(2) To find out their knowledge regarding reproductive health issues. 
(3) To determine the influence of the socio-economic background of the slum dwellers in reproductive health decision making. 
(4) To measure the level of awareness and satisfaction of women and girls about the services provided by Chittagong City Corporation and the Government Health Department. 
(5) To identify the problems in acquiring essential services. 
(6) To access the way to remove the obstacles of reproductive/primary health services, especially for vulnerable groups like women and girls. 

Methodology

The port city of Chittagong is the second largest city of Bangladesh, with a population of about 5 million. It is divided into 41 wards, covering an area of 158 sq. km. One of the most common health hazards of Chittagong City women are the reproductive health problems. To access the problems and status, two sets of data have been collected. Narrative qualitative data and the specific reproductive health conditions are considered most important under the outline/ questionnaire of AUICK. Since the study is mainly about the perceptions of the citizens on the reproductive health services provided by Chittagong City Corporation and similar other bodies, the Mayor, panel mayors, ward councilors, city health officers, government medical officers, city NGOs, and city slum dwellers, health officers and government health assistance information were considered to be the main sources of information through a field study.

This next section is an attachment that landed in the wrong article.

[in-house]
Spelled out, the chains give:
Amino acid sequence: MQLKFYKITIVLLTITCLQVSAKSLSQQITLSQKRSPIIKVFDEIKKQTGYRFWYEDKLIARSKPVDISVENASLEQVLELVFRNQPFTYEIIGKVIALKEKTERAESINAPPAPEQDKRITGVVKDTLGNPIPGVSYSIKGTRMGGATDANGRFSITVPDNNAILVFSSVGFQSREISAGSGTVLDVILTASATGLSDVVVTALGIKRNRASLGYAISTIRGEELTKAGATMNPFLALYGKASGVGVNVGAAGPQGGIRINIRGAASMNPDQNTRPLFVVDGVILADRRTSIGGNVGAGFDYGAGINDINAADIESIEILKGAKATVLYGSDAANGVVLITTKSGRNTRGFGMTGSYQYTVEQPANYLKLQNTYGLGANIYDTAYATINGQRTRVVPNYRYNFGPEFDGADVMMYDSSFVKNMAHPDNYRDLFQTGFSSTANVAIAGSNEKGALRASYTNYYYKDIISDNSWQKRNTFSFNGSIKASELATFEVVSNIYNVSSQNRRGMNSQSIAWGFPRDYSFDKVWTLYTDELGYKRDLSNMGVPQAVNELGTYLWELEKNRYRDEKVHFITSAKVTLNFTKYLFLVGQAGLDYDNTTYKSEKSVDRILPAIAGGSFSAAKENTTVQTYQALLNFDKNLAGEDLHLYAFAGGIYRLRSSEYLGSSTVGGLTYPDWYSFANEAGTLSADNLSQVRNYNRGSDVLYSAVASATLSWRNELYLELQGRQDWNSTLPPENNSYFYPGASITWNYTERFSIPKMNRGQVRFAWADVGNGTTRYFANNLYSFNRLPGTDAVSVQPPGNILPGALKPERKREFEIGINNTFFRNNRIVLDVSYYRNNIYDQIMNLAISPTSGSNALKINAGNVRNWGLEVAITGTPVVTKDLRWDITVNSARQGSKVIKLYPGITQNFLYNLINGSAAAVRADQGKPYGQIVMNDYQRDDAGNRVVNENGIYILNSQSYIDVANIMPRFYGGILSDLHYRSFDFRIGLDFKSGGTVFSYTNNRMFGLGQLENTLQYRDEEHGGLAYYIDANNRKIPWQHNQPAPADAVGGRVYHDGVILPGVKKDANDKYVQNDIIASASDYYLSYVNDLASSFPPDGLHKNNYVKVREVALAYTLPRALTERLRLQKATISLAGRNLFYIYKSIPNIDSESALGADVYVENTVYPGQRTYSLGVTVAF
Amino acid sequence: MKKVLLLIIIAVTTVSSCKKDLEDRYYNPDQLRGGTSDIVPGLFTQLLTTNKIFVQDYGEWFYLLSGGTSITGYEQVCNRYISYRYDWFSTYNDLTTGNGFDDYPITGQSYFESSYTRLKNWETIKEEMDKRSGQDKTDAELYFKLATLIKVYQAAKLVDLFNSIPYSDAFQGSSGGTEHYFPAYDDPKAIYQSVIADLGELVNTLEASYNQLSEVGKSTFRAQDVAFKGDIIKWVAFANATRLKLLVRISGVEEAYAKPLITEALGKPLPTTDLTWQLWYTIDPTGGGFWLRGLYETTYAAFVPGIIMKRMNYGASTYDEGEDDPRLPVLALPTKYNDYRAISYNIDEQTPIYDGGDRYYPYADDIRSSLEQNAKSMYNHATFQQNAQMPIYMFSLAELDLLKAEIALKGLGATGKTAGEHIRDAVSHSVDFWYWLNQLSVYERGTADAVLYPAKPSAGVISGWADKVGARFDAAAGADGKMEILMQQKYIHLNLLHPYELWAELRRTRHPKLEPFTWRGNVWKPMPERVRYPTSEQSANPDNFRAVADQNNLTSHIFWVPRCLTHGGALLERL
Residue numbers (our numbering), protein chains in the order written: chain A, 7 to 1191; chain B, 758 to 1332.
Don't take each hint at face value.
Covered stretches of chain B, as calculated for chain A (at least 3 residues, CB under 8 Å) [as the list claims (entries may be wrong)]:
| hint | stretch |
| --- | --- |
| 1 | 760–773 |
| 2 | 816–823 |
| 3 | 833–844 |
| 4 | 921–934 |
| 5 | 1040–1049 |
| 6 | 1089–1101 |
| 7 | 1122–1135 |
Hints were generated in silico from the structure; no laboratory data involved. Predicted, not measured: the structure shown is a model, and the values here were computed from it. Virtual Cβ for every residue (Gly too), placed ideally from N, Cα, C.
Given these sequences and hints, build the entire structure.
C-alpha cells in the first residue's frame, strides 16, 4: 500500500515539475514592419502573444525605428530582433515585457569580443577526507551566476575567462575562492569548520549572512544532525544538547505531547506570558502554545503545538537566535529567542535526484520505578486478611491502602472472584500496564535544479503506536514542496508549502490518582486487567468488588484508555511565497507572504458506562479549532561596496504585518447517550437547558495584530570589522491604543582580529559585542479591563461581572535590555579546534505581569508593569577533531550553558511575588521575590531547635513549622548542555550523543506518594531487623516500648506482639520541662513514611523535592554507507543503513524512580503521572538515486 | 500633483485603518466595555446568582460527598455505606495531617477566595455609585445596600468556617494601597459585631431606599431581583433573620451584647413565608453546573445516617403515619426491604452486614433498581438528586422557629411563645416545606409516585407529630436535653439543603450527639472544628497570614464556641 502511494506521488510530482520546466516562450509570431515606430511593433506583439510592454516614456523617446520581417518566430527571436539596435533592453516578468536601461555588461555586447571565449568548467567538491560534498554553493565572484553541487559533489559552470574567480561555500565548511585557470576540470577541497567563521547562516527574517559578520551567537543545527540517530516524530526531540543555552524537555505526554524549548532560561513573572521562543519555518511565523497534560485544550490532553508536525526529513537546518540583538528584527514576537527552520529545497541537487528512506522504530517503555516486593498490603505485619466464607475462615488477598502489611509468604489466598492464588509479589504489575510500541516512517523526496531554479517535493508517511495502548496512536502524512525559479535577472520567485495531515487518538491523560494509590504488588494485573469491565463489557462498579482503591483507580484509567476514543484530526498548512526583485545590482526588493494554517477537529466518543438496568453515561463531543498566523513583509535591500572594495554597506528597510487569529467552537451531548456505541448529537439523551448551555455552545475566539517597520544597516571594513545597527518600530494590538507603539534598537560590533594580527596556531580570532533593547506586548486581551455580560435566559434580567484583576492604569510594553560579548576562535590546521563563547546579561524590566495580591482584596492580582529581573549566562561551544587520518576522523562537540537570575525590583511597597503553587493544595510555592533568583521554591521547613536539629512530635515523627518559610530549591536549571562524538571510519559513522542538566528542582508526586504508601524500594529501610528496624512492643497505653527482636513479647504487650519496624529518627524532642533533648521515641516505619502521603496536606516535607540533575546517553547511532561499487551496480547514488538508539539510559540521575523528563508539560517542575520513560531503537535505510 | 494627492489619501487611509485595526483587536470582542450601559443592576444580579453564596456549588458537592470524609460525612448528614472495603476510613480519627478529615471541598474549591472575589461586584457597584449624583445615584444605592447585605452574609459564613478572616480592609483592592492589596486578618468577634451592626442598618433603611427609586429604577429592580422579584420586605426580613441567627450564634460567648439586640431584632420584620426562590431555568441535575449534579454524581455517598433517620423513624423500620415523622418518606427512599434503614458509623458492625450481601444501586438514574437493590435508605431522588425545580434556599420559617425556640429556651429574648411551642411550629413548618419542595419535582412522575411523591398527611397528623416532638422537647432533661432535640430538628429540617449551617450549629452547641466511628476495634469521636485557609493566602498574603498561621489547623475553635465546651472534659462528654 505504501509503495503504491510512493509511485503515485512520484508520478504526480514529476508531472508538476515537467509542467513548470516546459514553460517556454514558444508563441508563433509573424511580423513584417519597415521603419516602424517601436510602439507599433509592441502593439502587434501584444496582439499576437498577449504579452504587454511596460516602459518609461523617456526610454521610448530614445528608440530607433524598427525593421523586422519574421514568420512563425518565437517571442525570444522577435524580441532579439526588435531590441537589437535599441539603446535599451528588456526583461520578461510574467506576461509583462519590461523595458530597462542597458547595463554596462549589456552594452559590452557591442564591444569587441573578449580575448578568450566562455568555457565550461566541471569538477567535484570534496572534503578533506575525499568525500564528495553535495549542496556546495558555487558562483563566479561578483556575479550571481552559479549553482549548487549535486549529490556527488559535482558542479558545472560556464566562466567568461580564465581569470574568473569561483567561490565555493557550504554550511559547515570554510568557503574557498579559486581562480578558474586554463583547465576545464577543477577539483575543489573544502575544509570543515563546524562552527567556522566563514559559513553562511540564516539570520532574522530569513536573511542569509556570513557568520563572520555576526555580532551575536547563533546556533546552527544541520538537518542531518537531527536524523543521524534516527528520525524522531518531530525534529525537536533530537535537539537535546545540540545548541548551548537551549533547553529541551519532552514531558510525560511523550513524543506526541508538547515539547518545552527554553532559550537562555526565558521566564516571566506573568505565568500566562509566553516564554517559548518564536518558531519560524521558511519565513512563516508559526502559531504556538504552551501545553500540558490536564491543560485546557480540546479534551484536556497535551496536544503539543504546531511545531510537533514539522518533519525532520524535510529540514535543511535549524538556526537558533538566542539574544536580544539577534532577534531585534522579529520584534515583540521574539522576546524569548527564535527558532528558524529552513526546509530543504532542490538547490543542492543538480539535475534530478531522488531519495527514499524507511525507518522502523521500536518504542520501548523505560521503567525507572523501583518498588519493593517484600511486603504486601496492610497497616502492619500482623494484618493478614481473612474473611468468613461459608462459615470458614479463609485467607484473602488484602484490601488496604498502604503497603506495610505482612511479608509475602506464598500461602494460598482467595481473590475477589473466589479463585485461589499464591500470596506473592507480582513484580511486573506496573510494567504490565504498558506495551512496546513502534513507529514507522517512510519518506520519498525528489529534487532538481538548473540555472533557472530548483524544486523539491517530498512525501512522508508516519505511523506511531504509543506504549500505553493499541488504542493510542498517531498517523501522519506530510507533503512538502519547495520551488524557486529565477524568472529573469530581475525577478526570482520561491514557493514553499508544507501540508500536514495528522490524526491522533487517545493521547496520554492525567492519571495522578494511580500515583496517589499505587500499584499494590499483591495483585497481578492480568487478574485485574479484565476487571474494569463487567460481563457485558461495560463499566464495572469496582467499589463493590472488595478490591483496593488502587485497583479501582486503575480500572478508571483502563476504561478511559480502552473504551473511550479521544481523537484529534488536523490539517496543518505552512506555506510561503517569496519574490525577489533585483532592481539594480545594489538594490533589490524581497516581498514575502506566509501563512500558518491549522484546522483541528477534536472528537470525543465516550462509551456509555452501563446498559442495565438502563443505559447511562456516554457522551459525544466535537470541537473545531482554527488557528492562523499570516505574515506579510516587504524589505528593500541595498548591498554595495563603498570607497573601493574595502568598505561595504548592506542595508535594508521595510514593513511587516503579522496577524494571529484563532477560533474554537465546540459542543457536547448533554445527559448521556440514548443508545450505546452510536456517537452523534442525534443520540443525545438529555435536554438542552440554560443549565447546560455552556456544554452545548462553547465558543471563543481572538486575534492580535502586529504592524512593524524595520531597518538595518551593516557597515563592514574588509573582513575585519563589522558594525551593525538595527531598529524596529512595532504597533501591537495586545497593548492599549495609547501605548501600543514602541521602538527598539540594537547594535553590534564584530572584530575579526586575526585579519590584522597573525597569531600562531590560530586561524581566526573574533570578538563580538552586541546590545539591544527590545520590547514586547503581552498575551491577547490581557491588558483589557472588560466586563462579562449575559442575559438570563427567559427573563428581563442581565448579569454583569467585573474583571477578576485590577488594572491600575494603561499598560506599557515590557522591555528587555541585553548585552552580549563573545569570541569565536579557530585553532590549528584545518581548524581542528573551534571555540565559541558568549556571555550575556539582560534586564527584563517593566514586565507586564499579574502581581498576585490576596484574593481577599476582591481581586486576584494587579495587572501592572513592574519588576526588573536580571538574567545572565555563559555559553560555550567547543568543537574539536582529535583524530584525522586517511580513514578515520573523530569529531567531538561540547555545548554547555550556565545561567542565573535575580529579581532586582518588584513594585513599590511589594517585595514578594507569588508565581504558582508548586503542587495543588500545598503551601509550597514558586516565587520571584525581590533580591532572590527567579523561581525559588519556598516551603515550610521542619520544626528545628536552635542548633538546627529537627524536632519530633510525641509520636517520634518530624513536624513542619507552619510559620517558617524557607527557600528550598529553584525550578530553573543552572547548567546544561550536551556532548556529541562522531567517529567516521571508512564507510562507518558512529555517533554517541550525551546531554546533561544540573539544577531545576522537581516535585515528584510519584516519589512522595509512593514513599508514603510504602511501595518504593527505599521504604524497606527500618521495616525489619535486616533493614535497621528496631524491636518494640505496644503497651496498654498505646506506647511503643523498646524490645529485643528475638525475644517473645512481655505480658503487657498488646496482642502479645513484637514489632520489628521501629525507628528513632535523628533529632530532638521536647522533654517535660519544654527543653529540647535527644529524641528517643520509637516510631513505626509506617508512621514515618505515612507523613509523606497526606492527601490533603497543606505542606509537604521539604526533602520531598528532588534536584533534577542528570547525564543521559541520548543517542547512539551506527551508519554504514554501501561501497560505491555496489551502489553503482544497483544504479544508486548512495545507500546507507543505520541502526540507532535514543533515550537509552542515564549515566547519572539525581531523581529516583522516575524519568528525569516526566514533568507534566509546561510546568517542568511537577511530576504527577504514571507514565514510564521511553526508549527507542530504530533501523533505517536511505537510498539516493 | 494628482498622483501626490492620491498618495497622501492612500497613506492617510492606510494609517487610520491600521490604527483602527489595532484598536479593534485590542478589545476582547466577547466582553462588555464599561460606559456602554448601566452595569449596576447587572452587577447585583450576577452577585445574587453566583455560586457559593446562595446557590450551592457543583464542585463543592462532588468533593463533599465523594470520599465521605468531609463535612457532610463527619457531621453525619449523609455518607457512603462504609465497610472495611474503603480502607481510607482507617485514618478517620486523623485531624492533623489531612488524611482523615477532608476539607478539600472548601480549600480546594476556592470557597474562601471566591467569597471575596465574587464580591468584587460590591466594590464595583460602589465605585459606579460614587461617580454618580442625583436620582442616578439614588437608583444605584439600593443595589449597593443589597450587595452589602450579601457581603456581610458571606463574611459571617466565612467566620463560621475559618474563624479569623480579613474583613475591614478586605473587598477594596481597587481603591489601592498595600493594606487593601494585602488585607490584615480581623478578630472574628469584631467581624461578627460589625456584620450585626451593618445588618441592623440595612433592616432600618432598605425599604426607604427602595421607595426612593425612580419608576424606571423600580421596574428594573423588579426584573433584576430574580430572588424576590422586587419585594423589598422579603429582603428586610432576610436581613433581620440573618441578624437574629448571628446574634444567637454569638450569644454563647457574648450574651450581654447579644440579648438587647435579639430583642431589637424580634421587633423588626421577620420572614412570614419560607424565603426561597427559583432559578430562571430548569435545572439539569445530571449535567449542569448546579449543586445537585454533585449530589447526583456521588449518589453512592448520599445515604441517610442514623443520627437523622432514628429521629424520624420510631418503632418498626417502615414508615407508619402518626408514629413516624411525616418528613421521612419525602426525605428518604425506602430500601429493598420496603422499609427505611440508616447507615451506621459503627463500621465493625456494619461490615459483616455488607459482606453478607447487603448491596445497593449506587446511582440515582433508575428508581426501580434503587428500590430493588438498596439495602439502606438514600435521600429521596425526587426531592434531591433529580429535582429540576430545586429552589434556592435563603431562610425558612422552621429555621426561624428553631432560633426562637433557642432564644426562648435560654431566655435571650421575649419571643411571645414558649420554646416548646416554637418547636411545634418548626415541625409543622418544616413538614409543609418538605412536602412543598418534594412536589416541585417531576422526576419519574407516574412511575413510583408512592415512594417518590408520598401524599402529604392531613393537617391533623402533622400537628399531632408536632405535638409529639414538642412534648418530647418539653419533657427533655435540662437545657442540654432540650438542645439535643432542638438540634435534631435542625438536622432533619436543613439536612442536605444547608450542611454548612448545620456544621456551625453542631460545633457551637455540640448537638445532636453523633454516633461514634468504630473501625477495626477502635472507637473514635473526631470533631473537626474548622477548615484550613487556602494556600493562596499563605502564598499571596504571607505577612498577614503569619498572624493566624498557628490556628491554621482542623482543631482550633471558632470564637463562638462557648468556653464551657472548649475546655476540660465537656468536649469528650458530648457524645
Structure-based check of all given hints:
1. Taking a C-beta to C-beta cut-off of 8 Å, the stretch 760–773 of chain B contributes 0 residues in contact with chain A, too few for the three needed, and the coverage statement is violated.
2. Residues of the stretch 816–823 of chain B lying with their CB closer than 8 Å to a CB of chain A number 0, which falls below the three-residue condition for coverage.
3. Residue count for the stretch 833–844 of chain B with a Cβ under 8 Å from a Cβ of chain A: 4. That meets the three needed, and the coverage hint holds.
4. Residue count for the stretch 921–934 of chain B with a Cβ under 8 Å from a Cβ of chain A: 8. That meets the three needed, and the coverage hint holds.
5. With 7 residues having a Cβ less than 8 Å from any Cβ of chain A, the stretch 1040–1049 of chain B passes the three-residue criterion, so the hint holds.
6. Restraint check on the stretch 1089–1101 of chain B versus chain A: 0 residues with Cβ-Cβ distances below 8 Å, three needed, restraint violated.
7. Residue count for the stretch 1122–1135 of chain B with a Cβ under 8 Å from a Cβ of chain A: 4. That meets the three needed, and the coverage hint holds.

A two-stage cluster sampling design was followed to obtain the sampled households. In stage-1, the Corporation wards were taken as the cluster sampling units and approximately half the total number of wards were selected randomly. At stage-2, reproductive health service institutions and related public representatives, government officials, slum dwellers, doctors, midwives, health assistants, and nurses were selected and interviewed. The questionnaire used for the field survey was designed to focus only on the key issues of reproductive health, especially regarding vulnerable groups such as women and girls. 

Chittagong DataThe respondents were predominantly female (80%) with an average age of about 18-40 years, while the remaining males had an average age of 27-55 years.

Family Composition of Surveyed Households 

The average family size of the surveyed households was 5, consisting of 3 adults and 2 non-adults. It was lower than the average urban household size, and that of the country as well. This is remarkable considering that Chittagong is generally regarded as a conservative area, resistant to family planning. 

Socio-economic Characteristics 

(1) Occupation and Education: 

The respondents were professionals, public representatives, housewives, day laborers, women garment factory workers, midwives & businessman. A lot of workers live in the city for garment jobs without their families. Their families live in neighboring villages or districts. 

Chittagong Study Respondents

Literacy and education seems to be moderately high among the respondents surveyed: 

Chittagong Study Respondents (Continued)

(2) Income and Expenditure: